Hollywood is grappling with a new reality.
As the coronavirus pandemic continues to spread, movie and television productions have shut down, theaters and cinemas have closed, and red carpet premieres and concerts have been canceled or pushed back indefinitely. These abrupt moves have resulted in layoffs and a lot of workers staring at an uncertain future, one in which they won’t have a regular paycheck.
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“Everyone is in a state of shock,” said Lia Towers, a key assistant location manager who was working on a television show in Atlanta that opted to end its season early. “We have no idea when things will start back up again.”
The entertainment industry conjures an image in the popular imagination as a playground for the rich and beautiful. The reality is that some people who make the business run, from the assistants fielding calls at agencies to the grip hanging lights on a soundstage, live paycheck to paycheck. Many of these workers don’t have salaried employment. They are part of a gig economy, requiring them to jump from one television or feature film production after another as they hustle to stay ahead of the bills. That’s left them particularly vulnerable to the near complete work shutdown that’s seized the industry.
“I’m not going to have any income,” said Matthew Walsh, who was working as the assistant to a television director before production stopped. “I’m going to have to apply for unemployment. That might be enough to pay my rent and buy some food, but utilities and all those other things will have to come out of my savings.”
It’s a crisis that extends from studio lots to multiplexes, leaving almost all sections of the business impacted. Some employees were barely making ends meet before the coronavirus sent the global economy into free fall. Emma Clinch is a New York City based actress. To pay the bills she works as an usher for “Harry Potter and the Cursed Child” at Broadway’s Lyric Theatre. Initially, Clinch and her co-workers weren’t unduly concerned about the virus’ spread. They were convinced that somehow the theater business would be able to endure the headlines about the pandemic and, that if they just made sure that more stringent cleaning protocols were enforced, the marquee lights would remain on throughout the crisis. That changed last week when news broke that at usher at the Booth and Brooks Atkinson Theater tested positive for the virus.
“From that moment, it seemed like COVID-19 became very real for the city of New York,” said Clinch. “My coworkers shared my anxiety, but we all knew this was not a fear of contracting the coronavirus, it was financial. ‘How am I going to make rent this month?’ became as common as ‘hello’ in the course of 24 hours. Somehow, we all knew it was our last show for a while.”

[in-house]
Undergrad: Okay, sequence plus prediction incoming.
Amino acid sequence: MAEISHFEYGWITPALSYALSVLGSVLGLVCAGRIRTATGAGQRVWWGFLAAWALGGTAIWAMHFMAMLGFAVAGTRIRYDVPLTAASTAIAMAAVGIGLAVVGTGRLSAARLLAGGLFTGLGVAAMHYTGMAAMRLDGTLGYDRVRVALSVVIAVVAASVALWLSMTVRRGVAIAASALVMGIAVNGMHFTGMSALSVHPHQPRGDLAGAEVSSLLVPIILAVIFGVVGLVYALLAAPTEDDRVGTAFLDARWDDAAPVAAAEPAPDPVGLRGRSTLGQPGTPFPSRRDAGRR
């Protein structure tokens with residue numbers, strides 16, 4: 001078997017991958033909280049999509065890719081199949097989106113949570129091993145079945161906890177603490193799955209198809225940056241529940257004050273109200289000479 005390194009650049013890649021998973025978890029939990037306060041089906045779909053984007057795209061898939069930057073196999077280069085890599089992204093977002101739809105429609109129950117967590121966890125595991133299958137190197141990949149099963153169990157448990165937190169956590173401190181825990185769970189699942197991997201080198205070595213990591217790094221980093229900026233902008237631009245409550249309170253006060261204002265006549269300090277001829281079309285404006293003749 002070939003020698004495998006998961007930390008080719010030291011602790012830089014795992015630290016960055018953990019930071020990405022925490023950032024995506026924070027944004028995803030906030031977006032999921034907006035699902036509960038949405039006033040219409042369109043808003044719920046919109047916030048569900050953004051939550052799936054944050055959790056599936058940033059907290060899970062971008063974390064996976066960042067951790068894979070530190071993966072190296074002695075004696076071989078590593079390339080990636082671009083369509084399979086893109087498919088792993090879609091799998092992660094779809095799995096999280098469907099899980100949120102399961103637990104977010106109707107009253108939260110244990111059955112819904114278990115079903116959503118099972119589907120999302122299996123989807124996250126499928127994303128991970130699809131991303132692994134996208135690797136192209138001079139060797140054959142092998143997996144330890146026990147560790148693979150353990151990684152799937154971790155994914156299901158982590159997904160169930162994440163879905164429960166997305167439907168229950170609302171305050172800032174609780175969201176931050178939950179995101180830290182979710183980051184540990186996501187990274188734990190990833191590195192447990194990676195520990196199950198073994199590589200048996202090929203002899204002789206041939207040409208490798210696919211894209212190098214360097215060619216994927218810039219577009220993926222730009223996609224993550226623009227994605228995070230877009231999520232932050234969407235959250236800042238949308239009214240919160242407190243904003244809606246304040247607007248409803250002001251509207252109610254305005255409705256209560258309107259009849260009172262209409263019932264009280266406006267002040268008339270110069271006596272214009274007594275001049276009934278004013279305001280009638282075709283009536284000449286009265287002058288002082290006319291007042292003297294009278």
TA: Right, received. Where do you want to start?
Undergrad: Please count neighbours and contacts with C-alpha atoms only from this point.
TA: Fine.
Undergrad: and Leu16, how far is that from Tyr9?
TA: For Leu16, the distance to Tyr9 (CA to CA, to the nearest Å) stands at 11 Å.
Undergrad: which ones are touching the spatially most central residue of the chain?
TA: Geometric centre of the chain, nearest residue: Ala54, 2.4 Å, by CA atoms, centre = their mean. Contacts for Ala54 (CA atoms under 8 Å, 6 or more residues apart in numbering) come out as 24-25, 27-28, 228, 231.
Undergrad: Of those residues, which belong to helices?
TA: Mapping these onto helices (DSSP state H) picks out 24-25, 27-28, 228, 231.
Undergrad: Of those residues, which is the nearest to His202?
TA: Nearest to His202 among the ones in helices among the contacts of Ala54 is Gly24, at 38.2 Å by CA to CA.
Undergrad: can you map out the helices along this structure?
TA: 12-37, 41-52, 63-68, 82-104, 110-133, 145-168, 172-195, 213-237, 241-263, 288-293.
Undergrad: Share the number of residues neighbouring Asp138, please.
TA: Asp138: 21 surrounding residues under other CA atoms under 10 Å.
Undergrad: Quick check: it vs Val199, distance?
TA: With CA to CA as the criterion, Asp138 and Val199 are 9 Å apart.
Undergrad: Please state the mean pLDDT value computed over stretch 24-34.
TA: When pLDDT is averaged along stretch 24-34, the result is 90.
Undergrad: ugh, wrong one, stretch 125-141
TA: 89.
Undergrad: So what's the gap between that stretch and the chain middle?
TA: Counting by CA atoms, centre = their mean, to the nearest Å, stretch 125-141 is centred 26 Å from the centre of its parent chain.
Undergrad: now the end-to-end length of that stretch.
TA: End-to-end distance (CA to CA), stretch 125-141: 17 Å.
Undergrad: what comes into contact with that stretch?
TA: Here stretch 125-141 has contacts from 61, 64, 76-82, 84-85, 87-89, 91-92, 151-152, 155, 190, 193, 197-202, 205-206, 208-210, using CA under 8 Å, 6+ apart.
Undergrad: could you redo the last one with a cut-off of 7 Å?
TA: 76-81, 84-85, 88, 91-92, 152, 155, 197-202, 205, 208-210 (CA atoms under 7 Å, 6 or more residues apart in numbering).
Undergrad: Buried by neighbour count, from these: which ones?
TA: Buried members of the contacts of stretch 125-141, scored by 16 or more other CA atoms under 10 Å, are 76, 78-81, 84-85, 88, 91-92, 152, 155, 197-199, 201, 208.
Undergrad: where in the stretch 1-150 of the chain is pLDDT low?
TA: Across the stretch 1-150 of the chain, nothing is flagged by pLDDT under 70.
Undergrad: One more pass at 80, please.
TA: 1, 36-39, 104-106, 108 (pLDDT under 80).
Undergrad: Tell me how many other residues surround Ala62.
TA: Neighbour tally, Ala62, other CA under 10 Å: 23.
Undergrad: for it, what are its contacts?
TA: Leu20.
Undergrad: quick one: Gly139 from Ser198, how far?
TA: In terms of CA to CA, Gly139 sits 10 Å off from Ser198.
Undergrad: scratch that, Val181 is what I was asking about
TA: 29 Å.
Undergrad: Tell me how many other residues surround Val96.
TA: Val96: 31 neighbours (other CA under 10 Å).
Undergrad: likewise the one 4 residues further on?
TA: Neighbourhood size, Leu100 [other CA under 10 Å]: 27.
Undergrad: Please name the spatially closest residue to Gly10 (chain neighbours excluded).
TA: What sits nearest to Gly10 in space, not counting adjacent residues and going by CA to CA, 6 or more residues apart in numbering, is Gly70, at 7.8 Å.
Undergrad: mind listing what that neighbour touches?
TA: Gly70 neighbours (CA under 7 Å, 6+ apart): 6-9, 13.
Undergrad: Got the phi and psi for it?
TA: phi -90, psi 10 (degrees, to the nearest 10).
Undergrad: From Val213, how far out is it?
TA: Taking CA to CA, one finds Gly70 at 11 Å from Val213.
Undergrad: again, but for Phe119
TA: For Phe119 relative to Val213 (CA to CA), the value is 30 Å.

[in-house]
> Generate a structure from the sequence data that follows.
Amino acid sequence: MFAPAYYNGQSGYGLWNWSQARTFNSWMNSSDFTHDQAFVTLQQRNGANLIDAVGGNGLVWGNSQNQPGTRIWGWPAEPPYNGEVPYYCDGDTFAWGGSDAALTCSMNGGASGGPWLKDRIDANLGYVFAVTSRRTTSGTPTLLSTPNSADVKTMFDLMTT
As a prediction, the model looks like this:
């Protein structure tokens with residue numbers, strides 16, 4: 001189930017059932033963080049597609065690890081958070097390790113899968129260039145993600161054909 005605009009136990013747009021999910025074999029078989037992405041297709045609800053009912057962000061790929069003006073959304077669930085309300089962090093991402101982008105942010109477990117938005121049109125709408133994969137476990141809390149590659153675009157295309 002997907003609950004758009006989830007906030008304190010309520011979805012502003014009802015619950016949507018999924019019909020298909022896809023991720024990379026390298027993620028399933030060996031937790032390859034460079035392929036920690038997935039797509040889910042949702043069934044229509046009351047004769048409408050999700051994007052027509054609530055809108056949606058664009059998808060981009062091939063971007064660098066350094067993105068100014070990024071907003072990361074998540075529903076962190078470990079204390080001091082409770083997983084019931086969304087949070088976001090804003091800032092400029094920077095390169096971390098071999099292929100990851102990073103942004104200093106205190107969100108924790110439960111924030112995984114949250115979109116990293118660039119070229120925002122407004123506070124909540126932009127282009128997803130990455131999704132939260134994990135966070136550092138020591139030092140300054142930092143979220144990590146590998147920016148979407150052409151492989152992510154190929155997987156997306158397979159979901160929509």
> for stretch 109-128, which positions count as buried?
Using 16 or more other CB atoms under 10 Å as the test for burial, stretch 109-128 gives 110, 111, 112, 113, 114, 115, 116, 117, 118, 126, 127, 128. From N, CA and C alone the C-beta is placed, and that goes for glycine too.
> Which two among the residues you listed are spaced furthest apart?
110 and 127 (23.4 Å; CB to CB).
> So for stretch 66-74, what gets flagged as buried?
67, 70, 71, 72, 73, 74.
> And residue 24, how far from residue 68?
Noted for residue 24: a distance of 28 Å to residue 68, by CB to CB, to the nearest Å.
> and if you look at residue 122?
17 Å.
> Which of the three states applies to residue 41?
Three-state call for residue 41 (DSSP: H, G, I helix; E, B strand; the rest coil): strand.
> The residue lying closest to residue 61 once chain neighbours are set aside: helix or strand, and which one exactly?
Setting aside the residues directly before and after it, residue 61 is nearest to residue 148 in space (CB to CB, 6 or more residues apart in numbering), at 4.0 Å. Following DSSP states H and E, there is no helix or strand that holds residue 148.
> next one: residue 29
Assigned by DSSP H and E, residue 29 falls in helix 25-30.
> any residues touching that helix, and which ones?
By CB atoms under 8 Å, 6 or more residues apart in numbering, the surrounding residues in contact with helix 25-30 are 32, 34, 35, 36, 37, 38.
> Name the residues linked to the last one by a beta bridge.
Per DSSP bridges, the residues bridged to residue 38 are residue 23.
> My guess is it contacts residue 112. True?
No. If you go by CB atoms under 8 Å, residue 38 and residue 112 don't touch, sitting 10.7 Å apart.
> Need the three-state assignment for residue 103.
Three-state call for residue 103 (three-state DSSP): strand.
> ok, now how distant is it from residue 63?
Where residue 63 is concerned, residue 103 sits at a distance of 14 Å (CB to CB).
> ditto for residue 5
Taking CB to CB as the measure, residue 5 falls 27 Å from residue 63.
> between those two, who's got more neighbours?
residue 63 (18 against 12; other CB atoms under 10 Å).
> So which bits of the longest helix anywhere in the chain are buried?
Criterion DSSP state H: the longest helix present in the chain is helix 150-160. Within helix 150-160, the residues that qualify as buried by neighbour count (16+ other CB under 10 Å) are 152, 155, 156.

On Thursday Broadway went dark. If the virus subsides, performances will commence the week of April 13, 2020. But that’s left Clinch and her fellow ushers uncertain about how they will pay their bills. In the past, she’s worked as a barista or a dog walker, but she thinks those jobs will be in short supply as New York City struggles to wait out the pandemic.
“The theatrical community is really resilient and really smart, because money is a struggle on even a good day,” said Clinch. “But this is something different. This is something where New York State or the federal government needs to step in and help.”
People who sell tickets and popcorn in cinemas around the country are facing a similar hardships. An hour before his shift at the Alamo Drafthouse in Yonkers was supposed to start on Friday, Joel Valentin got the message that the theaters were closed due to coronavirus. Valentin was told he’d been furloughed and could apply for unemployment benefits.
“I don’t have much saved,” said Valentin. “I’m talking with my landlord to see what kind of solution is possible. I’ve cancelled all my subscriptions — my gym, Spotify, Netflix.”
The shutdown has also created headaches for the indie film world. Festivals such as SXSW and Tribeca have been canceled, screenings for potential film buyers have been nixed, and cameras have stopped rolling. As the industry remains in limbo, some producers are turning their attention to scripts they can get in shape and productions they can ready for when life returns to normal.
“It’s hitting everyone hard, but I’m trying to be optimistic,” said Eric B. Fleischman, the producer of “Sleight” and CEO of Defiant Studios. “I’m hopeful that once things resume, there will be a lot of pent-up demand and business will boom again.”
Other companies are trying to find new revenue streams. David Garcia, a director and producer who runs an indie production company called Between Pictures LLC, is hoping to pick up work doing web content or working for local news broadcasts.
“I’m trying to pivot,” said Garcia. “We have no choice. We have to hunker down and try to make something happen.”
Towers says she’s one of the lucky ones. She made good money and put some aside. But she’s worried about other people on crews, such as production assistants, who don’t have a financial cushion. Towers hopes that the unions and guilds can come up with a way to extend some financial assistance.
“The sad thing is that it’s going to be the people in this industry who make the least who are going to be the hardest hit,” she said. “That’s who I’m worried about.”
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